Are there specific design elements of choice experiments and types of people that influence choice response certainty?

Publication Type:
Journal Article
Citation:
Journal of Choice Modelling, 2012, 5 (1), pp. 77 - 97
Issue Date:
2012-12-01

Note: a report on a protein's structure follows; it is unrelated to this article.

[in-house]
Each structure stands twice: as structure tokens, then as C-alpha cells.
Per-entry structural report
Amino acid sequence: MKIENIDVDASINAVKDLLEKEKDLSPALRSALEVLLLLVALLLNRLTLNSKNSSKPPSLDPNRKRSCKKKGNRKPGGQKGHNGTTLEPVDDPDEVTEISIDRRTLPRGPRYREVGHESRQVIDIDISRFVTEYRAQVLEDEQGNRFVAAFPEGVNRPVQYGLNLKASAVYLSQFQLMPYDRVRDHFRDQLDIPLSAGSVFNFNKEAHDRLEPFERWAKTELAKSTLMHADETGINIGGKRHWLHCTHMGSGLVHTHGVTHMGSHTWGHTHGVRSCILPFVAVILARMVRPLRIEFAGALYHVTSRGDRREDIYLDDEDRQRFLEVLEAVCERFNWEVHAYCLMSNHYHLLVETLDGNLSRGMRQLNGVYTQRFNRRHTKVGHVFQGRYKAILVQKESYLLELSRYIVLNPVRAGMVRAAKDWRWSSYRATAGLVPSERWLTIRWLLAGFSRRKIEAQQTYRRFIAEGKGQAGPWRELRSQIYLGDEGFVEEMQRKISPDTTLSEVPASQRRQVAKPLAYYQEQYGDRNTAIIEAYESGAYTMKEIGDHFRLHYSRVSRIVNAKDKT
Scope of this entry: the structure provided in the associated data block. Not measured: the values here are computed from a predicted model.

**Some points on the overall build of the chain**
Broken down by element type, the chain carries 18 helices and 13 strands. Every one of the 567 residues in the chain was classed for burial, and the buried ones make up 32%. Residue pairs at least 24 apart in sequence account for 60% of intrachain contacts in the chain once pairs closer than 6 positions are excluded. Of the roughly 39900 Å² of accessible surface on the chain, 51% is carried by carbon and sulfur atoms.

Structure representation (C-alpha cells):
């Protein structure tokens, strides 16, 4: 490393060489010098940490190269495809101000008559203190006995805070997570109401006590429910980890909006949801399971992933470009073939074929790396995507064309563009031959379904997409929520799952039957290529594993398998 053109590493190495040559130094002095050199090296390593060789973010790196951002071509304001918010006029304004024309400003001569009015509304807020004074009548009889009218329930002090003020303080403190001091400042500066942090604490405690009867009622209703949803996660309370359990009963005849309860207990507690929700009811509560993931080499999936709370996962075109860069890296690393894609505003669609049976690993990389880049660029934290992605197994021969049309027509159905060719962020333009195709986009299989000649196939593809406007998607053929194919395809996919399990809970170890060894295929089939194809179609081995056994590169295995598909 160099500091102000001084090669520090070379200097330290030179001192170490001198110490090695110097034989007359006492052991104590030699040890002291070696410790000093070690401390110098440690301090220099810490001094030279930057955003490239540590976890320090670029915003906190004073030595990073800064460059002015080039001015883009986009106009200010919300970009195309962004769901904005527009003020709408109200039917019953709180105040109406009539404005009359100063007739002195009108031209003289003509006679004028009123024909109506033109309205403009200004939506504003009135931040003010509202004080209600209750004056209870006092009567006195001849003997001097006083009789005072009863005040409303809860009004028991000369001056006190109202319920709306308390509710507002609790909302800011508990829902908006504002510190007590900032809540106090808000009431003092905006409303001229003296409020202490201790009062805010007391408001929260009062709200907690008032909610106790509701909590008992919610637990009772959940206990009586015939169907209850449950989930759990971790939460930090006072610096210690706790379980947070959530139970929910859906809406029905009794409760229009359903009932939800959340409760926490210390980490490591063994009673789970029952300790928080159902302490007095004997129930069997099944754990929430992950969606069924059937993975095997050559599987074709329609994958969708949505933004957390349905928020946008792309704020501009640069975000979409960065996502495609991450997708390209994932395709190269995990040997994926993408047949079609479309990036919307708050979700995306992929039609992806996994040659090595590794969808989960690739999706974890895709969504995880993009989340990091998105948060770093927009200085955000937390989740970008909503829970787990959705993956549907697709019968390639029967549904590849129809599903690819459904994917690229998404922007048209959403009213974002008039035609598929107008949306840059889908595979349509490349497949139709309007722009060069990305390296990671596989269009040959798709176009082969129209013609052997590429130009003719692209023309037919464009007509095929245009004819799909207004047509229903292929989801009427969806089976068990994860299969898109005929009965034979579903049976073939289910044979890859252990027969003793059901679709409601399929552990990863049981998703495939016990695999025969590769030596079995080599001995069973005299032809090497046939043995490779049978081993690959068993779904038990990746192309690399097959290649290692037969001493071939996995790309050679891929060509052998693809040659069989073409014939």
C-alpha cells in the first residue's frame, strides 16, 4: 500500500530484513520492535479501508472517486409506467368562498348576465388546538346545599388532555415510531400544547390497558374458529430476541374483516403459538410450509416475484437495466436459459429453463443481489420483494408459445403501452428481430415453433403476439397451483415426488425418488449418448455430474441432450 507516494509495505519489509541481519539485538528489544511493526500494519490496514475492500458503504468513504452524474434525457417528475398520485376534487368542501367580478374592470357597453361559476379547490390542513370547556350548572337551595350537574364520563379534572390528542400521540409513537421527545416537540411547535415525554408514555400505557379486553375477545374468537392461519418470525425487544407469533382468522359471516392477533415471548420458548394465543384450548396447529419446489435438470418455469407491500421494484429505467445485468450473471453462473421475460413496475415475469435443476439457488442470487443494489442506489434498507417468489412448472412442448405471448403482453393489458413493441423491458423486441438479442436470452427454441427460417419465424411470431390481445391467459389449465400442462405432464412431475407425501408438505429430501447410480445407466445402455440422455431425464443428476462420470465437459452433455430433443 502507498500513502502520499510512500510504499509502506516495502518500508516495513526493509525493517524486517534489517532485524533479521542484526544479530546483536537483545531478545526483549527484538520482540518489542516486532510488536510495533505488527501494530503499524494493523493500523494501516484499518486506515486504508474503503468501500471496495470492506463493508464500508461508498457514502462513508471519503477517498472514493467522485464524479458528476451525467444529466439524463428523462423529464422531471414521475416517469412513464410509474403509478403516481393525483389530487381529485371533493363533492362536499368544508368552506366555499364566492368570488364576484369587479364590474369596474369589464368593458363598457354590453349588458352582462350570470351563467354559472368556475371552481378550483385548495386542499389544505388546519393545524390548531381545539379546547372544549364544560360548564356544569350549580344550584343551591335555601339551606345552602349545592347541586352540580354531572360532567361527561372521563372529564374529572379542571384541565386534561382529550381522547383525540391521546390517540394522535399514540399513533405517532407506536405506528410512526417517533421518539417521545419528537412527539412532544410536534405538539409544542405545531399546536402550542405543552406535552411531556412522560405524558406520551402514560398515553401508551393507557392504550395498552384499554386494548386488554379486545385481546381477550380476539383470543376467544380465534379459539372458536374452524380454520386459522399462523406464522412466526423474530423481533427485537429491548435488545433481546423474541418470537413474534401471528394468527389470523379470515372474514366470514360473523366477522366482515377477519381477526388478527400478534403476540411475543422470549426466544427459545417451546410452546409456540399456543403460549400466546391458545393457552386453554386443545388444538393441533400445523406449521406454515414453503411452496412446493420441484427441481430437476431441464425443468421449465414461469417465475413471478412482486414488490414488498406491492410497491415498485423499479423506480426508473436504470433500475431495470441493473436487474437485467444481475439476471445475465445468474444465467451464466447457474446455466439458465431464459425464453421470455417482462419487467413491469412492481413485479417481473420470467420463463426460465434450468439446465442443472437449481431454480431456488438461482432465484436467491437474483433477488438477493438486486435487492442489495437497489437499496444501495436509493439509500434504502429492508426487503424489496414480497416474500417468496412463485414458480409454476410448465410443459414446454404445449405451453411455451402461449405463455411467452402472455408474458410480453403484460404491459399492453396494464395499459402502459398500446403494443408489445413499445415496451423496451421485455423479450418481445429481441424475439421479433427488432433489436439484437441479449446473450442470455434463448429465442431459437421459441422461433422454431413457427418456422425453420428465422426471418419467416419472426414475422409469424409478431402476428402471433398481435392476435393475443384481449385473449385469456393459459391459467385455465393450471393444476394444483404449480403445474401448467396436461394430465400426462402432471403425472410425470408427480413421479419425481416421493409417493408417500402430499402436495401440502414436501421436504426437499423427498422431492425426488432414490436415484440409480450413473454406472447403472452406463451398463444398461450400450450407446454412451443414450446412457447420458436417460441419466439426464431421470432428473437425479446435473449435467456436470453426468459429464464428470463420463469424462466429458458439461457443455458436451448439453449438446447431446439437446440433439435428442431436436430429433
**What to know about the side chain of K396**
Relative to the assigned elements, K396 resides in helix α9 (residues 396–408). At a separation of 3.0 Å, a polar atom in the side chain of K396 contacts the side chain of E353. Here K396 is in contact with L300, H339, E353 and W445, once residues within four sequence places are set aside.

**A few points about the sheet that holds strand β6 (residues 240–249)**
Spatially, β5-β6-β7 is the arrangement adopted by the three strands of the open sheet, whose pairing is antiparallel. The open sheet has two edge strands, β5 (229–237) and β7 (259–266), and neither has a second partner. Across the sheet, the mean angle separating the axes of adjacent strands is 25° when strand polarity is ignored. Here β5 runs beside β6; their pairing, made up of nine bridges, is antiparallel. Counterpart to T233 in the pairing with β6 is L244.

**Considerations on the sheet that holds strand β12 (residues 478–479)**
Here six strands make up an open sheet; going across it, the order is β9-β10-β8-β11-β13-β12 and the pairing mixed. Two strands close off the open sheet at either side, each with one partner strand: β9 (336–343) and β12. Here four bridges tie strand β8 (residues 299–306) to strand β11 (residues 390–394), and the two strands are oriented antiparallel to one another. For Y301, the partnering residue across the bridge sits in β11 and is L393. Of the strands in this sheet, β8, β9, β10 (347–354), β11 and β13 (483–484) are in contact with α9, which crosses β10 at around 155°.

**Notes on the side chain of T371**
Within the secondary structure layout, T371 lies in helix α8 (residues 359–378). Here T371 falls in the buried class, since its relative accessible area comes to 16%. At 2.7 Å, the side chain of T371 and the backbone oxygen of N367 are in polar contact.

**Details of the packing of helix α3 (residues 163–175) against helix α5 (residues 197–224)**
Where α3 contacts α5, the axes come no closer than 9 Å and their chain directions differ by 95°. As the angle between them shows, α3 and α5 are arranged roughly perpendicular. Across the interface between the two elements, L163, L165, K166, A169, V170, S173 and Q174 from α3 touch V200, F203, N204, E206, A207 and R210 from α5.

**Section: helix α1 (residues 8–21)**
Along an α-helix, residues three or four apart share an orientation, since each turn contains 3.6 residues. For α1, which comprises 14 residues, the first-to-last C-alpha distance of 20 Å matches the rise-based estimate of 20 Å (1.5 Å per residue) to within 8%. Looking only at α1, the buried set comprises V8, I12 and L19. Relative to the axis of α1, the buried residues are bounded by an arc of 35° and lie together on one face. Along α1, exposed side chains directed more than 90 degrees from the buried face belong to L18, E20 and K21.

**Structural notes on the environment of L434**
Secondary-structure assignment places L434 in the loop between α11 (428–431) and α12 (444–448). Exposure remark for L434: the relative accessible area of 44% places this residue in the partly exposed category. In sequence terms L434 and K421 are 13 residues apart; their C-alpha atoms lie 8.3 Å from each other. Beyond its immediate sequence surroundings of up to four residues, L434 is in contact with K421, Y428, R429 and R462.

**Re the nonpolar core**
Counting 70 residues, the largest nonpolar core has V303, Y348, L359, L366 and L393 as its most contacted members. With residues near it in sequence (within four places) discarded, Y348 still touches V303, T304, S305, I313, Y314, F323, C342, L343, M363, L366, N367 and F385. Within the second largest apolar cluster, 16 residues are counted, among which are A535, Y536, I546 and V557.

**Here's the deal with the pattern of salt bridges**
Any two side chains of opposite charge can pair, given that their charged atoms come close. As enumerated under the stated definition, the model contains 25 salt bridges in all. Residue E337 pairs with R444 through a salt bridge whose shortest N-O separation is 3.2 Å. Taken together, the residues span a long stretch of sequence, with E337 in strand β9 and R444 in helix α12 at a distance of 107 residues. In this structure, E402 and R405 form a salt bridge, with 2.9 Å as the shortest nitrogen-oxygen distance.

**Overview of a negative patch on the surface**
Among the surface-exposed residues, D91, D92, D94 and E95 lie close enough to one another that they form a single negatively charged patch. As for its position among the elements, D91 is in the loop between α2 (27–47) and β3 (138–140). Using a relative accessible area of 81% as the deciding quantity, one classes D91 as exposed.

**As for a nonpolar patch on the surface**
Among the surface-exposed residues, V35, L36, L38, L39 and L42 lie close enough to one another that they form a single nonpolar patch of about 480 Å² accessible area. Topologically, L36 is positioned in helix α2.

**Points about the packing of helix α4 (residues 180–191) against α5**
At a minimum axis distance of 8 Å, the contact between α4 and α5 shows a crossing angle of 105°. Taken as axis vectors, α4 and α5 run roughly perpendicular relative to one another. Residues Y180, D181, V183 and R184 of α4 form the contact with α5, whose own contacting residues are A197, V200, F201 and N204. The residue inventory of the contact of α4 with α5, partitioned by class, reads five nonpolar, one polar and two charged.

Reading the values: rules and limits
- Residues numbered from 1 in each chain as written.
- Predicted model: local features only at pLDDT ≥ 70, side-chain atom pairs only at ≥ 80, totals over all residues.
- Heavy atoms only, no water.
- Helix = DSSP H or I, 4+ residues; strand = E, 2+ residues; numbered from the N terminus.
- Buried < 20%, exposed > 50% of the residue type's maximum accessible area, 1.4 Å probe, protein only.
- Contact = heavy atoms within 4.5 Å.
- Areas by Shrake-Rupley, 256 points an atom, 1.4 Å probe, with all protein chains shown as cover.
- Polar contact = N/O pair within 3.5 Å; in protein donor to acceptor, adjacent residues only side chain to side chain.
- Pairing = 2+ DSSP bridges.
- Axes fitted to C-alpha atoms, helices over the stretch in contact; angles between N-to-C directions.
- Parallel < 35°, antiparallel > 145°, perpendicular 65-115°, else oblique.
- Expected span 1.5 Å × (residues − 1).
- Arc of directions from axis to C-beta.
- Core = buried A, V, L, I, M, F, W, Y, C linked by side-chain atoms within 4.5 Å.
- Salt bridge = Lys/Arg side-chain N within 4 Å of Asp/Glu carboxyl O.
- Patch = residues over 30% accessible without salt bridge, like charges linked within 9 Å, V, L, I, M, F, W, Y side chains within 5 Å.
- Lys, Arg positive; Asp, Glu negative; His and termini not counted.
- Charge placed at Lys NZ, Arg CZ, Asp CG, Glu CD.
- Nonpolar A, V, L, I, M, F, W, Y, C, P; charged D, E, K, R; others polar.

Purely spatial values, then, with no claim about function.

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The development of more realistic choice experiments has taken on board a number of suggestions in the broader hypothetical bias literature. One issue, in particular, is the increasing interest in finding ways to bridge the gap between the stated choice response and real choosing, as a way of increasing the confidence with which an individual would hypothetically purchase or use an alternative that is actually chosen in the choice experiment. In this paper we investigate the relationship between the respondent's response to a certainty question, defined on a 1-10 scale of surety, and features of the choice experiment that may have a bearing on the degree of confidence that can be placed on the stated choice, controlling for exogenous effects such as socioeconomic characteristics and attitudes to vehicle emissions. The focus on response certainty in this paper is as an external validity test. We find, using a generalised ordered logit model, compelling evidence that the number of acceptable alternatives and hence associated levels of attributes, together with the contrast of attribute levels of each designed alternative relative to an experienced status quo (or reference) alternative, play an important role in establishing certainty of response in a real market. The evidence should be taken on board in the future design of more realistic choice experiments.
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